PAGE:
Though I'm not sure if the teenagers of the '60s have a monopoly on discontent and hunger for change, it was the music of this generation that expressed it the loudest. Many of those songs are contained on this two-disc set, 32 of them to be exact. Whether it's Steppenwolf's "Born to Be Wild" or The Mamas & The Papa's "California Dreaming" of disc one, or Barry McGuire's "Eve of Destruction" or The Crazy World Of Arthur Brown's "Fire" of disc two, the songs ring of a hunger and passion for change.
The two CDs bundled under the title Born to be Wild contain the hardest sounding songs, the ones I would label classic rock. They are songs that I remember as ones I latched on to as I was coming of age and trying to identify who I was and who I was becoming.
Age of Aquarius
Or course, you couldn't title a dis Age of Aquarius without including the song. It is probably the song to best reflect the hope for change that came out of this decade of music and appears on disc one. What remains are the songs from the folk side of sixties rock, artists like Janis Joplin, Bob Dylan and The Byrds.
Highlights from disc one include Big Brother & the Holding Company's "Piece of My Heart" (featuring vocals by Janis Joplin), and the Byrds' two biggest hits "Mr Tambourine Man" and "Eight Mile High." Disc two features another hit from The Byrds, "Turn, Turn, Turn" as well as Bob Dylan's "Subterraenean Homesick Blues" and The 5th Dimension's "Aquarius/Let the Sunshine In."
Summer of Love
As with many other compilations released this year, Flower Power: The Summer of Love celebrates the thirtieth anniversary of the musical phenomenon. All these songs were playing on the airwaves during the summer of 1967, and there is a wide and varied collection of them in the two disc set. From Van Morrison ("Brown Eyed Girl") to Jefferson Airplane ("Somebody to Love") the collection documents the time that is most often cited as the beginning of the 'hippie movement' and the summer 100,000 people embraced the idea of free love and free drugs in San Francisco's Golden Gate Park.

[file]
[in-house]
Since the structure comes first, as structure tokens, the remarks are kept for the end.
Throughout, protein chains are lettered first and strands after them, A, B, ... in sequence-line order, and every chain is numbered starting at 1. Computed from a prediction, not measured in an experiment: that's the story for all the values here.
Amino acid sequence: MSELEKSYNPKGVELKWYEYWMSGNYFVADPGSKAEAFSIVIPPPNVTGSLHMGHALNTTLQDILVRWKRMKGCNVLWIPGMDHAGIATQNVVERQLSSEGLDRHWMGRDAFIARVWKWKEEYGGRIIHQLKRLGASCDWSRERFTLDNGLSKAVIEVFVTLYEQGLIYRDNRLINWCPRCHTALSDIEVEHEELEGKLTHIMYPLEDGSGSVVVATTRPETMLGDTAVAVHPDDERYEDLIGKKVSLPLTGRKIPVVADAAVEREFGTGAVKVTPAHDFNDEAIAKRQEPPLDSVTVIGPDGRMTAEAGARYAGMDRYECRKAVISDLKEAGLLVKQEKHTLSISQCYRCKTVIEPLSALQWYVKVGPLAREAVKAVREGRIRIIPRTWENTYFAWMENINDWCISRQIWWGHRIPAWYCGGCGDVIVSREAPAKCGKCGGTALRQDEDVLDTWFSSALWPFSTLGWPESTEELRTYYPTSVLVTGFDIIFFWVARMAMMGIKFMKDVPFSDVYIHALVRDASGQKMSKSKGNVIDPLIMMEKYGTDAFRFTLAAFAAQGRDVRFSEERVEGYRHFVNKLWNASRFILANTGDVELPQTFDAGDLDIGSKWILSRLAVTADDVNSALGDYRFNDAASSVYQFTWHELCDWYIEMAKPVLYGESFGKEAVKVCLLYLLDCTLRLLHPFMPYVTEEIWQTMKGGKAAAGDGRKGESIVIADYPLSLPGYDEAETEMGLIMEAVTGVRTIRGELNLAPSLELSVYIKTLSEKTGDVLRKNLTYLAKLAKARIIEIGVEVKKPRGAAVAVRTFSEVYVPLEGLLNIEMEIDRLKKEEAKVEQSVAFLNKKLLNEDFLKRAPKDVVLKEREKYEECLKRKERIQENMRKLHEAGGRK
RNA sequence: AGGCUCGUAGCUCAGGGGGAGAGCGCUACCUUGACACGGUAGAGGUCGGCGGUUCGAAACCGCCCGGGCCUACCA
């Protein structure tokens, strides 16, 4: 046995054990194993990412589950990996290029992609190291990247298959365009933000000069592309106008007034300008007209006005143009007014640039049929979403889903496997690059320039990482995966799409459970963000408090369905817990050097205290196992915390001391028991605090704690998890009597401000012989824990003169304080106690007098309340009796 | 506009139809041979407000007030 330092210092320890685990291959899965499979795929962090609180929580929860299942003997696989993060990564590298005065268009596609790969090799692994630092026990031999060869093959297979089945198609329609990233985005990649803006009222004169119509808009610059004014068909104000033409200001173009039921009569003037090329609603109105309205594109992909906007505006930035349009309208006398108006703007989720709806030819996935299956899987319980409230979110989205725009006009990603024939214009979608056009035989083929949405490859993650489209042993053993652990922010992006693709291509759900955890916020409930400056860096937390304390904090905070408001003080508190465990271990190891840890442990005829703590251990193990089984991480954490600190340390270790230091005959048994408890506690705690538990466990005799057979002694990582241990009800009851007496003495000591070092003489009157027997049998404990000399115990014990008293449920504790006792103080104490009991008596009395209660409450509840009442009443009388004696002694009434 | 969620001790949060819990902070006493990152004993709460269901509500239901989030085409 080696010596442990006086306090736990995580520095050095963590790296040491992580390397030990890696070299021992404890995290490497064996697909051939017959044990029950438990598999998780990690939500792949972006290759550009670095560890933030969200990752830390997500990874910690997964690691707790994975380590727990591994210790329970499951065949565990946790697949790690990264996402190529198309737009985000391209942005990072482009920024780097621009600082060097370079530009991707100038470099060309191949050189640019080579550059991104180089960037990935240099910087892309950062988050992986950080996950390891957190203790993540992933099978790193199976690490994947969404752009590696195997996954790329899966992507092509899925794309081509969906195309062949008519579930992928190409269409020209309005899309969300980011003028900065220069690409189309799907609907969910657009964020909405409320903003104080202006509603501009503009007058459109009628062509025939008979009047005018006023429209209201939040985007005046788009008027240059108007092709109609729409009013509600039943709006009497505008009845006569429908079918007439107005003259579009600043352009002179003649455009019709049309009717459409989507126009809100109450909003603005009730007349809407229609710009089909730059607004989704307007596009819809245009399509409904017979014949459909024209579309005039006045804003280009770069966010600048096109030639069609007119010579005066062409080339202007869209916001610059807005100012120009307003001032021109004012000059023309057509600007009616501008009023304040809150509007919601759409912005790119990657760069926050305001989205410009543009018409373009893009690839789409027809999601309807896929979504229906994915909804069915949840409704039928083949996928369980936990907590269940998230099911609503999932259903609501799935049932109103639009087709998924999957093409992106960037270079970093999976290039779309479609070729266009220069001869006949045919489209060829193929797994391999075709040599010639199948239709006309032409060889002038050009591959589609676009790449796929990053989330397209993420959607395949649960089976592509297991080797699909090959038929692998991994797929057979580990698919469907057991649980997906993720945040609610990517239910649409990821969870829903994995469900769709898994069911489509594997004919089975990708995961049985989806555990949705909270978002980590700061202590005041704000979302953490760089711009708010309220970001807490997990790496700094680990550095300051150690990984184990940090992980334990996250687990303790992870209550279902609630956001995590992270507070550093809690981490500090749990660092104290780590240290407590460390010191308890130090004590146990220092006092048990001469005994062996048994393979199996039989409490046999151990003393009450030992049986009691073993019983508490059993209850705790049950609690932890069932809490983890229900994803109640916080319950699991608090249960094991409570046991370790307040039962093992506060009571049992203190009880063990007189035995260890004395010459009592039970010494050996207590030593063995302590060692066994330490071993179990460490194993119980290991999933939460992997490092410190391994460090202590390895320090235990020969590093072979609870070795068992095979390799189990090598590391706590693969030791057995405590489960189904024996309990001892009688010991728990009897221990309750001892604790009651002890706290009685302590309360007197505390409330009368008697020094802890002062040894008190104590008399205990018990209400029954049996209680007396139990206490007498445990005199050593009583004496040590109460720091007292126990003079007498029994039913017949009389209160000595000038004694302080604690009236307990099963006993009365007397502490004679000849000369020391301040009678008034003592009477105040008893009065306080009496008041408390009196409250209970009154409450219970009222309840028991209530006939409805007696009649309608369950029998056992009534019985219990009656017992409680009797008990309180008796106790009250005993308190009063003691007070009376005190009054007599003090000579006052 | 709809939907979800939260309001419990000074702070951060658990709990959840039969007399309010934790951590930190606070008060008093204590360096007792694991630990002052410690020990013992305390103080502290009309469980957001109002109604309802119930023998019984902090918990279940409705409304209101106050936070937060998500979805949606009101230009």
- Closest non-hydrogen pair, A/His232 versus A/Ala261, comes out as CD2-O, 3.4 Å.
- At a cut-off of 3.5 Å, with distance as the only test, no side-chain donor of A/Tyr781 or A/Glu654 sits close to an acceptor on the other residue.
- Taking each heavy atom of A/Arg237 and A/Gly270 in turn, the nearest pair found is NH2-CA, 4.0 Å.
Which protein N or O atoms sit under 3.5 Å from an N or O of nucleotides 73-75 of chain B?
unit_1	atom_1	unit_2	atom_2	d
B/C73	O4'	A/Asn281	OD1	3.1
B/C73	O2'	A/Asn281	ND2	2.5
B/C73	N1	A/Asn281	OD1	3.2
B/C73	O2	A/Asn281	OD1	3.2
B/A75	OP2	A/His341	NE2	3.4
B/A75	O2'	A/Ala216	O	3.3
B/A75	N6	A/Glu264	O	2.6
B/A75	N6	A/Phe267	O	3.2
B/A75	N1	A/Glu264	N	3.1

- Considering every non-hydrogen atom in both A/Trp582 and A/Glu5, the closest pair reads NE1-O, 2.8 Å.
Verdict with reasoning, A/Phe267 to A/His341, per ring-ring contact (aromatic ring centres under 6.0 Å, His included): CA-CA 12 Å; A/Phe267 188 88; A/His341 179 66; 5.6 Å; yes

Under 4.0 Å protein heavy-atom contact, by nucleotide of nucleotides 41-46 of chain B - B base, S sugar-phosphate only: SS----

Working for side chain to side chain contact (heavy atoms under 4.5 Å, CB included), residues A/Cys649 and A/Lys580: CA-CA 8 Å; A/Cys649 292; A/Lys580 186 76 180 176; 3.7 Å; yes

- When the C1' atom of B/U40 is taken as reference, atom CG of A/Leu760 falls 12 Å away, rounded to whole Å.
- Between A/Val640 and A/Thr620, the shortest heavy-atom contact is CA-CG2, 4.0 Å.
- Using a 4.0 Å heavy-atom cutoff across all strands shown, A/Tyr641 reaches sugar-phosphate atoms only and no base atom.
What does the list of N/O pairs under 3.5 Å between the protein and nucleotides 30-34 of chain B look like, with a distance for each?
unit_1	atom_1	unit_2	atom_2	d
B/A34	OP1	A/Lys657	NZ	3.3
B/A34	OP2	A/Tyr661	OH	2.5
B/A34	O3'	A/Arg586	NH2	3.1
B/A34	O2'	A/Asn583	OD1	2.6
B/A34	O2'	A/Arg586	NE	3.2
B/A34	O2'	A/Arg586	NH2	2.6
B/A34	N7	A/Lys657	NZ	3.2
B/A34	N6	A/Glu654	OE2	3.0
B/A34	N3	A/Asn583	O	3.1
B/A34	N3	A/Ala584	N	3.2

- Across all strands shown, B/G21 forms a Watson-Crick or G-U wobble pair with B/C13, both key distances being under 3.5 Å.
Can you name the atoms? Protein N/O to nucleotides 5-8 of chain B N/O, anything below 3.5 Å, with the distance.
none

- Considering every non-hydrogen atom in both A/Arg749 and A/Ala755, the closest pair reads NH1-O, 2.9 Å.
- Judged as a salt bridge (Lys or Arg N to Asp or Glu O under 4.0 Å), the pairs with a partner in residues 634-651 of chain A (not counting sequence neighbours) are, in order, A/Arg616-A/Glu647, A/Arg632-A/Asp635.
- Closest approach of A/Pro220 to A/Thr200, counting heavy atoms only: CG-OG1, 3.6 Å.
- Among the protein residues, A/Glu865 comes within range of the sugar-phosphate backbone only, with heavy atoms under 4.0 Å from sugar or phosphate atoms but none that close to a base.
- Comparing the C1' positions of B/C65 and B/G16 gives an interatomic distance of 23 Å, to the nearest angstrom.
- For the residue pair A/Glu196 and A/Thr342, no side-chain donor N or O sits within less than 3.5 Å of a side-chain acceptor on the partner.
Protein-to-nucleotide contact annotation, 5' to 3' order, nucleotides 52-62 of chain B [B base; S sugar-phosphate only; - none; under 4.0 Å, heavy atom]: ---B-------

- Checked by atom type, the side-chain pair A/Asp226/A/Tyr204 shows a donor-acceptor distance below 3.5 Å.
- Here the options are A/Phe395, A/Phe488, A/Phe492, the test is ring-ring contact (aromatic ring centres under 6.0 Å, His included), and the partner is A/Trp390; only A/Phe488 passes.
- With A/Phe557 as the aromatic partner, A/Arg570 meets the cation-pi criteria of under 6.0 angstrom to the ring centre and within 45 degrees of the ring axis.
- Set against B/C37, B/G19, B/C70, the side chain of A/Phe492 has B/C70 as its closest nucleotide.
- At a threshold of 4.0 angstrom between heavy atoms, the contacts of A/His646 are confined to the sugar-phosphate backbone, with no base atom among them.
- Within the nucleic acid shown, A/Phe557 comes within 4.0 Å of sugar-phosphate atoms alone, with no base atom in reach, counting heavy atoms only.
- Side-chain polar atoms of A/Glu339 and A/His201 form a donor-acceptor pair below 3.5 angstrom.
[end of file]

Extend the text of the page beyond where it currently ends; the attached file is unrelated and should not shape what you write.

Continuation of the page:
It's pretty obvious a CD set called Groovin' would have its share of dance songs, but they are not the high energy, rock-out dance numbers. Instead the two discs have a mellow vibe, good for slow dancing with that special someone, like on Peter, Paul, and Mary's "Leaving on a Jet Plane" and Sonny and Cher's "I Got You Babe" from disc one. Disc two contains the slow moving Tommy James and the Shondells "Crimson and Clover" and Lobo's "Me and You and A Dog Named Boo."
It's not all about the slow groove, though. There is a selection of mid-tempo tunes, but overall these would be the two mellowest discs in the set. And as Don McLean sings in "American Pie," "And I know that you're in love with him / cause I saw you dancing in the gym / you both kicked off you shoes / dig those rhythm and blues…"
The music on the Flower Power box set has just that sort of energy. It can pull you to your feet, remind you of the simpler times of youth, or the complicated times of a country trying to escape a war. Comprehensive, it will provide hours and hours of memories and listening pleasure. The Flower Power box set can be purchased at the Time Life website.